Today we’re talking about CRM 2013 Gamification. Before we start, I want you to know that I cringe at the word “gamification”. Don’t get me wrong, I actually like, believe, and implement gamification; however, gamification has a bad connotation because of how people have hyped and improperly implemented it. There are fantastic examples of very successful gamification, my favorite being stack overflow. But for every good example, there are probably dozens of implementations that ended with loyalty backlash and frustrating results. The good news, is that today I’m going to share with you the secrets of good CRM 2013 Gamification for the low, low price of…
Congratulations, you’re a Winner!
Sorry, the first thing to know about gamification is: avoid cheesy things! No one wants blinking or moving graphics. No one. Instead of focusing on the negatives though, I want to talk about the things you need in order to get productivity gains coupled with user engagement.
What do people want?
First, management wants measurable results that show productivity gains. That’s the easy part; that’s metrics. Most every organization has KPIs (Key Performance Indicators). Leverage those, but be careful about relying on their accuracy blindly.
Users are a little more complicated, but at the core they want pertinent information. I say individuals are complicated because in my experience people are driven by varying goals. I’m driven by responsibility and clout whereas others shy away from both. I’ve worked with incredibly brilliant people that have only wanted a positive remark and could care less about money, responsibility, or anything else. The beauty of gamification is that when done right, all of these can be met without being conflicting.
Wait, aren’t people only driven by money?
Often times people respond to my “people have differing needs” comment with the statement that everyone is driven by money. Luckily almost everyone is familiar with the “Five Love Languages” book in which it shows your partner’s love language and your love language are not always the same. Granted, I’m not condoning physical touch in the work place. I’m only illustrating that if gifts are your thing, your partner may be driven by something else entirely. Like the love languages, motivations at work are never money alone which is why gamification in CRM 2013 is exciting. Gamification in CRM 2013 helps motivate people in ways that matter to them and avoids focusing on money alone.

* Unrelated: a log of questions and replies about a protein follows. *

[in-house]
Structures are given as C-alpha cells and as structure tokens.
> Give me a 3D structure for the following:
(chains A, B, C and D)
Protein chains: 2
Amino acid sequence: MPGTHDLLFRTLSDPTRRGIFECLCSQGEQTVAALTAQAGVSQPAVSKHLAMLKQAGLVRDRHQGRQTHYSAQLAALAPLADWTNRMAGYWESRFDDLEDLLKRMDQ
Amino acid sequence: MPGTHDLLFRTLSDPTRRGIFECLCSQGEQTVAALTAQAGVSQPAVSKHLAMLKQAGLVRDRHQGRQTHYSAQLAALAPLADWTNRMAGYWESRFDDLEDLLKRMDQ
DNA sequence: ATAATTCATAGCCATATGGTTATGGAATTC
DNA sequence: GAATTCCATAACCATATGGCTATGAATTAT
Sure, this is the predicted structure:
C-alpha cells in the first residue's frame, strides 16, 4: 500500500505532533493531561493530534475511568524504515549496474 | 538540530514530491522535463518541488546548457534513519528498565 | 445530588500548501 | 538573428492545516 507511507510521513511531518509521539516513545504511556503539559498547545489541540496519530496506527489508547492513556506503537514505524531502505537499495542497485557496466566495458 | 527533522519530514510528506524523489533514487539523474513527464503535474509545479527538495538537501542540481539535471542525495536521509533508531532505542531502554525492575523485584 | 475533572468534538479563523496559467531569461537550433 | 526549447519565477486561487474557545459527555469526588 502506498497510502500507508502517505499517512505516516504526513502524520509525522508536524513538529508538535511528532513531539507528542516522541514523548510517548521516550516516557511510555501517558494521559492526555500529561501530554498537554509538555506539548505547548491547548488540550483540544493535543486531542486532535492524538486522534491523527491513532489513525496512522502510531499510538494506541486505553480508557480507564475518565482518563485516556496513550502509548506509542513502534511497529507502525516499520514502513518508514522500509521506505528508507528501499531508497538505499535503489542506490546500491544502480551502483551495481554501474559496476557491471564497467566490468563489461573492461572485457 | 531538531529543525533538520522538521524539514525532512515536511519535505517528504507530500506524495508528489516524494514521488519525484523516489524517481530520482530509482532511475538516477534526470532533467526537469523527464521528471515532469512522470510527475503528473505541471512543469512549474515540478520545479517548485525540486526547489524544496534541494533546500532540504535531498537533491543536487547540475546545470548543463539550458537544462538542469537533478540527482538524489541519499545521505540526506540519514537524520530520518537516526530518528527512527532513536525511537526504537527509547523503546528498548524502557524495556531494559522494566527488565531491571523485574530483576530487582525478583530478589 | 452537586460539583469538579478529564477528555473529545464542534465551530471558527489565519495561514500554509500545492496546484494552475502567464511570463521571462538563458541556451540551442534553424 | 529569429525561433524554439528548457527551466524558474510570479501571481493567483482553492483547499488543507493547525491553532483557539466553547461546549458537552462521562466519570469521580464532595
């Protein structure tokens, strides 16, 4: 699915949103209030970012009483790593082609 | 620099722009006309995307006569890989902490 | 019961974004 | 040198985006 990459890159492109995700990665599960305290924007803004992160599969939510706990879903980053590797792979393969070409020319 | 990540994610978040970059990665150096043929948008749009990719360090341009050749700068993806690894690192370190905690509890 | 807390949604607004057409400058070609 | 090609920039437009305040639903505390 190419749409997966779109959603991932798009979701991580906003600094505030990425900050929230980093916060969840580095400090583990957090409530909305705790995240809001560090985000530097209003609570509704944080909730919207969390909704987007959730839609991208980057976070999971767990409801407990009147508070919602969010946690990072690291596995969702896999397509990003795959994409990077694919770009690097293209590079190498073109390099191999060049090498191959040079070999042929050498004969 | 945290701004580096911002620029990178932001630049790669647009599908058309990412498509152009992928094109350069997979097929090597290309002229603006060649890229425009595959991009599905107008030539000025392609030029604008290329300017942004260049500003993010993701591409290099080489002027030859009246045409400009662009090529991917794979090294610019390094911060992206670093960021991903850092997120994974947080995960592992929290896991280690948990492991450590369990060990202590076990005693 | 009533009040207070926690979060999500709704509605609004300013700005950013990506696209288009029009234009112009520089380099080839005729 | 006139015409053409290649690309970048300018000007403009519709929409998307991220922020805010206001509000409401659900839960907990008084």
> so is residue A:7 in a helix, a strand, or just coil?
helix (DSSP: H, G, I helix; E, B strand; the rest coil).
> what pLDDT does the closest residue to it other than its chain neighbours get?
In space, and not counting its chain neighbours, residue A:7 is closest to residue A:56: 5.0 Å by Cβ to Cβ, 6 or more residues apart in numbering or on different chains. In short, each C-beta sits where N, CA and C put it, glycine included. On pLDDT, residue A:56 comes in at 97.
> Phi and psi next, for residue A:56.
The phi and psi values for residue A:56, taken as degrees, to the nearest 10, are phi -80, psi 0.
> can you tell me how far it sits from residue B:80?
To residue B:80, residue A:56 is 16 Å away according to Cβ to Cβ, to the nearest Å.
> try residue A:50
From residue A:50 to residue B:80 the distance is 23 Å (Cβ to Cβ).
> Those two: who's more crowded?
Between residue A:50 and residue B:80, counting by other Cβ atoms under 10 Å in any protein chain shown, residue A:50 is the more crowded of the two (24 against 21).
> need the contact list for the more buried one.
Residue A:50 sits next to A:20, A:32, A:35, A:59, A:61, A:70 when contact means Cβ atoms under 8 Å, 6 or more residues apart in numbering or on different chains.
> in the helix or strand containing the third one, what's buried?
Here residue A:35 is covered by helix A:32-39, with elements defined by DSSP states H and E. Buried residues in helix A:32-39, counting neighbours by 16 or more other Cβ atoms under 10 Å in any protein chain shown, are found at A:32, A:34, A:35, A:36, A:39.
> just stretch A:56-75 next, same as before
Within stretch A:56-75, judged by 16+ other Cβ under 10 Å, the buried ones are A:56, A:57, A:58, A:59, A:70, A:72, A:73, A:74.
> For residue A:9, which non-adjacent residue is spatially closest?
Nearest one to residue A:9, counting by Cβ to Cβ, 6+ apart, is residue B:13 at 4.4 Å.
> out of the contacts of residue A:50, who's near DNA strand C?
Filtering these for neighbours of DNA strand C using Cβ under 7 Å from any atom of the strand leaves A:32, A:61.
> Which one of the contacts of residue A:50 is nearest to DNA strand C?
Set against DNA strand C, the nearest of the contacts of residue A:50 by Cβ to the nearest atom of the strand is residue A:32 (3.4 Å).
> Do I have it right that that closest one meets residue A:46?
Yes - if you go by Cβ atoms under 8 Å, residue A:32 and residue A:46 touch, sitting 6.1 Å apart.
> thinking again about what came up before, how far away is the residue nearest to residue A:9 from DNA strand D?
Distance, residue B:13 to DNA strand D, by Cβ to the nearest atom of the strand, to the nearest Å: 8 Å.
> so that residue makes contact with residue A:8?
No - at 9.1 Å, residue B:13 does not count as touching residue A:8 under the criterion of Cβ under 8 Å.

Ok, I’m with you, but what do I use to motivate people?
Your key driver should be information (both input and output). I like to make gamification the user’s dashboard. I typically start with a summary of where they are from a monthly perspective. I also like to show how they stack amongst their peers as well as provide quick links to do aspects of their work. All jobs have mundane tasks but CRM allows us to automate these tasks in a very efficient manner. In order for people to regularly use a new gamification dashboard, it’s important to focus on making input easier through automation.
Let’s start with the basics:
- Provide pertinent information
- Make maintenance easy (automate as much as possible)
- Automate reminders / show when data is missing
- For reminders, this prevents you from nagging them
- Missing data is data – think black swan
- Focus on a short finite timeline
- Create something they want to use (above all it’s a tool)
Wait, I thought gamification was badges and levels and stuff?
Ok, the above list is your foundation. Most of that can apply to any type of application, but it’s important to lay the ground work. When it comes to gamification, there are features that you should utilize when applicable. Let’s talk about the aspects of gamification and understand where they can apply.
Goals – CRM already has this built in and I’d recommend extending these or creating your own goals entity to track what matters to you. These should be present and specific to the individual.